Henry Fonda, Vera Miles
Robert: It says here Mozart wrote it when he was 5. So, I should be able to play it. I’m 8.
Greg: I’m 5, so I should be able to write it!
Chris Balestrero (Fonda) is mistaken for a hold-up man that apparently looks a lot like him. Witnesses identify him, and handwriting samples are a close enough match to get him arrested. As Chris awaits his trial, his wife Rose (Miles), believing she has failed her husband in some way, starts to suffer a sort of nervous breakdown.
This movie is based on a true story (a story which is right up Hitchcock’s alley), and you can tell that Hitchcock was going for a sense of realism here in order to get that point across. Alfred himself gives an introduction at the beginning stating that everything in it is true, so obviously he didn’t want to do anything too fantastical that would stretch the credibility of that statement.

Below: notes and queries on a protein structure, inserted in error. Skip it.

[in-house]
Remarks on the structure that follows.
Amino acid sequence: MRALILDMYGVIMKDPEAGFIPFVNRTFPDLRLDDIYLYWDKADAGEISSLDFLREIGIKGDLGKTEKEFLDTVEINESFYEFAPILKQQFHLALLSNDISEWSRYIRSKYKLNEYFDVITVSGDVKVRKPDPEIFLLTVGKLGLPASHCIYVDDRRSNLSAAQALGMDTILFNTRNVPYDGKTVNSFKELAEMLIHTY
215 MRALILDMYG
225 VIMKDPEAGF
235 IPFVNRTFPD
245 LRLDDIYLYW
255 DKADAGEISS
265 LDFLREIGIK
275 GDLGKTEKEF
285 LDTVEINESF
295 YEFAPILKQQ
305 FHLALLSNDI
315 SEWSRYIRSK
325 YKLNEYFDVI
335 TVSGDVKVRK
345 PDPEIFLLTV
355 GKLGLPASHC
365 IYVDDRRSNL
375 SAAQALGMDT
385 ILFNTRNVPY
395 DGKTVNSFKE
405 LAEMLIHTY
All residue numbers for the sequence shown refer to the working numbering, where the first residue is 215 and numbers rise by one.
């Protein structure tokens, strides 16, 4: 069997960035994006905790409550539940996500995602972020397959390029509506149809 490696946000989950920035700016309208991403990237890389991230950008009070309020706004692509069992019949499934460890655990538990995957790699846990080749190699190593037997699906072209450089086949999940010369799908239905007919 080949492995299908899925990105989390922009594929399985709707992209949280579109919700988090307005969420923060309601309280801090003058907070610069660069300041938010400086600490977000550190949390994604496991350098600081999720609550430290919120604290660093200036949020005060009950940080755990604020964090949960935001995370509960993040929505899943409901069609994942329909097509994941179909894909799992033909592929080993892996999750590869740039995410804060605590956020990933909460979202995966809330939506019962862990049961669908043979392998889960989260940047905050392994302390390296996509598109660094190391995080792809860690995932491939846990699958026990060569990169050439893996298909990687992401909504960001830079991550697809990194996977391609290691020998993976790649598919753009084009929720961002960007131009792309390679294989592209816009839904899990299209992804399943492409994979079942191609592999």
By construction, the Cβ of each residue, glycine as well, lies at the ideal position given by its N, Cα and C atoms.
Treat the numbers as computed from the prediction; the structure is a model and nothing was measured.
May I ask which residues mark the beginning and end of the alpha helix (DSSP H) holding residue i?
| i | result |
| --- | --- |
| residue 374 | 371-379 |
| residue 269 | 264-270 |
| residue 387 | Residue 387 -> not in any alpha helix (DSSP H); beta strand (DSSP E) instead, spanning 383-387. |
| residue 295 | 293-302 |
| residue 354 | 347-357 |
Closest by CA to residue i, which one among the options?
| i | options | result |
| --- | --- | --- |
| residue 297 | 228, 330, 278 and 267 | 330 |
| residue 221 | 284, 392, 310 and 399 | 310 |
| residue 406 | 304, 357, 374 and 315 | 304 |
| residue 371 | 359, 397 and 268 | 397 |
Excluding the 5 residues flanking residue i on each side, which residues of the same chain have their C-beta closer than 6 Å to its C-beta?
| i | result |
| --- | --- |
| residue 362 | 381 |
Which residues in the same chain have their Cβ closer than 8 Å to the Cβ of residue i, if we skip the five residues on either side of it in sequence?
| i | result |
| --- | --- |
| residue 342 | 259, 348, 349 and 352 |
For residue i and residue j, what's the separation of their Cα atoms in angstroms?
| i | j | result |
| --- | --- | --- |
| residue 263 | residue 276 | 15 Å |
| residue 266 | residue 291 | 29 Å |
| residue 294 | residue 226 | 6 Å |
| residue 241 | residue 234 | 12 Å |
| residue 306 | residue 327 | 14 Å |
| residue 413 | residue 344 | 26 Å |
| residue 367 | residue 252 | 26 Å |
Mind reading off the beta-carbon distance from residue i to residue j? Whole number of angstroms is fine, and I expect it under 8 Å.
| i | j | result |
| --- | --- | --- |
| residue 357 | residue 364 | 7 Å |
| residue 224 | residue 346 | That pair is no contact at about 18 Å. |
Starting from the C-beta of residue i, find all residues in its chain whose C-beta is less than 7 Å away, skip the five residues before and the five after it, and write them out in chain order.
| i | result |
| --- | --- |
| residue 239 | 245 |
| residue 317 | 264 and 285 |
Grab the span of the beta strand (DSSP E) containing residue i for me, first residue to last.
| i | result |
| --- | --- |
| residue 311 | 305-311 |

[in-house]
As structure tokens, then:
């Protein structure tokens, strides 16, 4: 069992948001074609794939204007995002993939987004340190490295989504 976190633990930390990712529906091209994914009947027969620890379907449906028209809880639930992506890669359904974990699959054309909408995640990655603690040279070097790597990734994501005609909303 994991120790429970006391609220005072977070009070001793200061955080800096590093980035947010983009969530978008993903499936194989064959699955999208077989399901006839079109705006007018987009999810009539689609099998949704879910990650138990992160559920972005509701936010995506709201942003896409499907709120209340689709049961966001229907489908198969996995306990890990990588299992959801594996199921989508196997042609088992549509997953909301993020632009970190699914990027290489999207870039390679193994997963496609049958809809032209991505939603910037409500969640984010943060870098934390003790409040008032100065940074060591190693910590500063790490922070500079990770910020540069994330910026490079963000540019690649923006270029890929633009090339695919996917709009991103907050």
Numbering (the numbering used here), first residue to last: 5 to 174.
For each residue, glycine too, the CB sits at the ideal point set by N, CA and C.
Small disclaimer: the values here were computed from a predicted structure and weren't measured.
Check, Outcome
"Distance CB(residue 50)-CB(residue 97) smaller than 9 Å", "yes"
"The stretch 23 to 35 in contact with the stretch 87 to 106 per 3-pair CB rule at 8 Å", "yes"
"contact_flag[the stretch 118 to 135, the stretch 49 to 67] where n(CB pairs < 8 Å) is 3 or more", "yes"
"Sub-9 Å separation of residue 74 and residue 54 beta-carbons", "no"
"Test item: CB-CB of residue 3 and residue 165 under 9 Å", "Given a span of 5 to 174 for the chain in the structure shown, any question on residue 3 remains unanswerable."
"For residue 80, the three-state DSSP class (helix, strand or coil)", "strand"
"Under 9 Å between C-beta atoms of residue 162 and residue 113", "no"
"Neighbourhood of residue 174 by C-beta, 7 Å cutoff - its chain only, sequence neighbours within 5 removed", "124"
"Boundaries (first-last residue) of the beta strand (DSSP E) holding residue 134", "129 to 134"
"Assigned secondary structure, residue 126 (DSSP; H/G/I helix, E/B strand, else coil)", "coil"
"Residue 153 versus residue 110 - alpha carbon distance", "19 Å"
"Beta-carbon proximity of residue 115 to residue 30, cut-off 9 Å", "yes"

It was frustrating watching the evidence seemingly mount against the innocent Chris, and Fonda does a good job of looking lost and confused by it all. Unfortunately, despite it being a truly odd situation, it didn’t make for the most compelling movie. In Hitchcock’s hands, it’s probably as good as it could possibly be, but it definitely dragged at times.
Rose’s descent into depression and seeming madness sort of comes out of nowhere as well. Maybe that’s how it really happened, but I would have liked to have seen a more gradual change in her and maybe more of an indication as to why such a severe effect occurred. A whole movie focusing on her might have been more interesting.
So, to sum up, not one of my favorites from Hitchcock, but certainly watchable. If you go into it expecting to see a frustrating situation of mistaken identity, along with a realistic, detailed depiction of how the police went about determining his guilt, you could get some enjoyment out of it.
Try not to look like other people.
10 – 2.2 for slow parts – 1.1 for not having enough character development and explanation = 6.7